18th Party Congress
The Chinese Communist Party's 18th Congress, held in Beijing November 8-14, 2012, marked a key power transition in China. A new generation of leaders, headed by Xi Jinping and Li Keqiang, took over from the previous leadership headed by Hu Jintao. The Communist Party's Politburo Standing Committee was reduced in number from nine to seven. Unlike his predecessor Jiang Zemin, Hu Jintao handed over both the Party General Secretary and Chairman of the Central Military Commission positions to Xi.
Vice-Premier Wang Qishan to head anti-corruption agency
Wang Qishan is given seat on top disciplinary body, setting him up to fill the seventh - and possibly last - spot on the Standing Committee
Vice-Premier Wang Qishan was given a seat on the Communist Party's top disciplinary body yesterday, clearing the way for him to lead the anti-graft agency and take a seat on the Politburo's powerful Standing Committee.
As Wang was elevated to the Central Commission for Discipline Inspection (CCDI), a move anticipated previously by the South China Morning Post, long-time CCDI member Ma Wen was left off the agency list approved by delegates at the end of the 18th party congress.
Given his position, Wang will almost certainly take control of the CCDI. The move sets up his rise to the No7 - and potentially final - spot on the new Politburo Standing Committee, which will be announced today.
Wang, who has a strong background in economic issues, had previously been seen as a shoo-in to be the country's economic tsar. Analysts attributed his repositioning largely to concerns that he could overshadow incoming premier Li Keqiang , outgoing President Hu Jintao's closest ally on the Standing Committee.
Those close to Wang, 64, have said he preferred a job with full authority over a portfolio, rather than a higher position such as vice-premier which might require him to defer to Li more often.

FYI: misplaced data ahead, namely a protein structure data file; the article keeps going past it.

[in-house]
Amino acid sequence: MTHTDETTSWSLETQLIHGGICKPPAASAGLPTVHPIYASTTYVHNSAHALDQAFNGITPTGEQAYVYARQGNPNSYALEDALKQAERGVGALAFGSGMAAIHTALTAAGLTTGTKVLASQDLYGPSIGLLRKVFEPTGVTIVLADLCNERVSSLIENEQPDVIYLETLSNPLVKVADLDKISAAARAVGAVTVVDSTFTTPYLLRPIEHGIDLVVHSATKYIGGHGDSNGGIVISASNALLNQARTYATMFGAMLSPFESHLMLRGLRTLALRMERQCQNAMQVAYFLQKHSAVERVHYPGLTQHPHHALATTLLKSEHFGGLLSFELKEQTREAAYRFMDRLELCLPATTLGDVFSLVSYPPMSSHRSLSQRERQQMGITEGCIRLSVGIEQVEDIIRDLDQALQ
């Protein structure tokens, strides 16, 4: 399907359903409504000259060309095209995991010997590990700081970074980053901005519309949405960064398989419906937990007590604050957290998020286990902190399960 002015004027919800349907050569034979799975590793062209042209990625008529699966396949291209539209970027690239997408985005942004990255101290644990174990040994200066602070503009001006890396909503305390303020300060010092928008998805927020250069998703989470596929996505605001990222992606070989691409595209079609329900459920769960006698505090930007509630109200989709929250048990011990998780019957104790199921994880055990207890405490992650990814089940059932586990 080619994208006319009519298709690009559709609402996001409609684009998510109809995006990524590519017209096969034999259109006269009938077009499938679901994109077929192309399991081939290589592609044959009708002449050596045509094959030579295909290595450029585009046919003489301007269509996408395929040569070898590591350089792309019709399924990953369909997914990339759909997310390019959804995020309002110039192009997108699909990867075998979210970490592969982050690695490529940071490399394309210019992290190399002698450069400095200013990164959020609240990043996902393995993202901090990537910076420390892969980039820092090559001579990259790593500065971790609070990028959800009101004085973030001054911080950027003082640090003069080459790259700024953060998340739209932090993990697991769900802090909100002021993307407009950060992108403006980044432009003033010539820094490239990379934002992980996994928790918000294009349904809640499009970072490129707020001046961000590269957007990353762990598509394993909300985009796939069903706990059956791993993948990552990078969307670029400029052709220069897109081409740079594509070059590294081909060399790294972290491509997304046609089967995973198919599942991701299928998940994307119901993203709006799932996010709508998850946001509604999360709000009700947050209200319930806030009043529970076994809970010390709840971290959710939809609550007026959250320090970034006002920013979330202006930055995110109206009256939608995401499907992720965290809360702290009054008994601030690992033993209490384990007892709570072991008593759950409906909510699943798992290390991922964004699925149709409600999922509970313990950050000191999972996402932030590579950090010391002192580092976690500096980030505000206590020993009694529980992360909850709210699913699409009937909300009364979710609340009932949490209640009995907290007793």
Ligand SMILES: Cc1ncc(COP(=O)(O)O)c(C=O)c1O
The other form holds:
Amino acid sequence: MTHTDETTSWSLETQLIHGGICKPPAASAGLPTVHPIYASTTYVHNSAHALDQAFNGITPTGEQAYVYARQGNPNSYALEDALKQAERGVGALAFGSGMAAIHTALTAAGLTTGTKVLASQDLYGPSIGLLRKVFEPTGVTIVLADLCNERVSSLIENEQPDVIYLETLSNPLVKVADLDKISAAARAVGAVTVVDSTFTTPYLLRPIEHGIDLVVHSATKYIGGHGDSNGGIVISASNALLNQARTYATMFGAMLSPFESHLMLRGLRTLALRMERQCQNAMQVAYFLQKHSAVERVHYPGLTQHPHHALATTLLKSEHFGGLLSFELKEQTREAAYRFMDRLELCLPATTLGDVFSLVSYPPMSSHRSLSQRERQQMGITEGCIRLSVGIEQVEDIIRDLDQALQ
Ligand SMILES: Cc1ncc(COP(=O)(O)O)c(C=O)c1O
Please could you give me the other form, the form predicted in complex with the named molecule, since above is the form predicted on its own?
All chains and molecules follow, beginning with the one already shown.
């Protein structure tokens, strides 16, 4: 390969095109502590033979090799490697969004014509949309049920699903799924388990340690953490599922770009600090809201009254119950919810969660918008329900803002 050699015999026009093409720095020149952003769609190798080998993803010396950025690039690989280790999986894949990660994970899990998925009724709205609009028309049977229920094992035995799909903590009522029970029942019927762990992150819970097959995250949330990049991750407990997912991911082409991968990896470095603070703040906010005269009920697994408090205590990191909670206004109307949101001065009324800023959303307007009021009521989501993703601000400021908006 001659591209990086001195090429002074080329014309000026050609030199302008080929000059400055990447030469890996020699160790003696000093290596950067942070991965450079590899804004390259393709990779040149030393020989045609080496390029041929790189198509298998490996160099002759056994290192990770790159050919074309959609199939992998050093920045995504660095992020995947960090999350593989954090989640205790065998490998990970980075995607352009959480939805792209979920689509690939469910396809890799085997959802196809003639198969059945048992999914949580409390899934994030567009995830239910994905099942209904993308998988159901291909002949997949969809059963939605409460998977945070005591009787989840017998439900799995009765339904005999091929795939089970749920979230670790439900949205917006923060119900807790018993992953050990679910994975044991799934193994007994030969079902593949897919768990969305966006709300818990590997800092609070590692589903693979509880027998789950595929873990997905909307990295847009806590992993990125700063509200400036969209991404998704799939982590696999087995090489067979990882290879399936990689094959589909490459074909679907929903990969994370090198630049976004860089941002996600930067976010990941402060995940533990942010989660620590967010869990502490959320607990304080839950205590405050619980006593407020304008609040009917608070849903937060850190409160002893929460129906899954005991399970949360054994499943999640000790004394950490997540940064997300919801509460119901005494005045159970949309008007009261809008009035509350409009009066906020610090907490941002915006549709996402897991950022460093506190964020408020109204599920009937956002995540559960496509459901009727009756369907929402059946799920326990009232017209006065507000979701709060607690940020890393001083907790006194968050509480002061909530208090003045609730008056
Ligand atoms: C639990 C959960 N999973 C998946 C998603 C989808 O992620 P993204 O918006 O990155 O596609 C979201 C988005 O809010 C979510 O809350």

Professor Wang Yukai of the Chinese Academy of Governance said Wang would face many challenges adjusting to the delicate post of disciplinary chief.
"Wang is widely recognised for his successful dealings on financial issues," Wang Yukai said. "He has a strong personality, and is a vigorous and resolute person. It would be very tough for someone with such characteristics in the party disciplinary job."
Meanwhile, Ma's removal from the CCDI was a surprise. She has been member of the agency since 1997 and, having led a series of investigations of corrupt officials, was seen as one of Premier Wen Jiabao's most trusted graft-busters.
At 64, she is still a relatively young member of the party leadership and had been seen as a top female contender for the male-dominated Politburo.
"Considering she was even once rumoured to become the secretary of the powerful General Office of the party's Central Committee, this is very strange," said Chen Ziming , a Beijing-based political commentator.
Long seen as a reformer and problem solver, Wang is the former president of China Construction Bank and was the head of China International Capital in the mid-1990s.
He was tapped to oversee the bankruptcy of a state-owned investment firm in 1998, when he was the vice-governor of Guangdong. In 2003, he was appointed mayor of Beijing, where his proactive response to the Sars outbreak earned him the nickname "fire brigade captain".
Wang's absence from economic discussions might be seen as a misuse of talent, but experts said his problem-solving skills could also prove useful as the party tried to bolster its disciplinary apparatus after the scandal surrounding former Chongqing party boss Bo Xilai .
"Wang is a tough man," said Gu Su , a law professor at Nanjing University. "He may want to make some noise in the new post to solidify his position."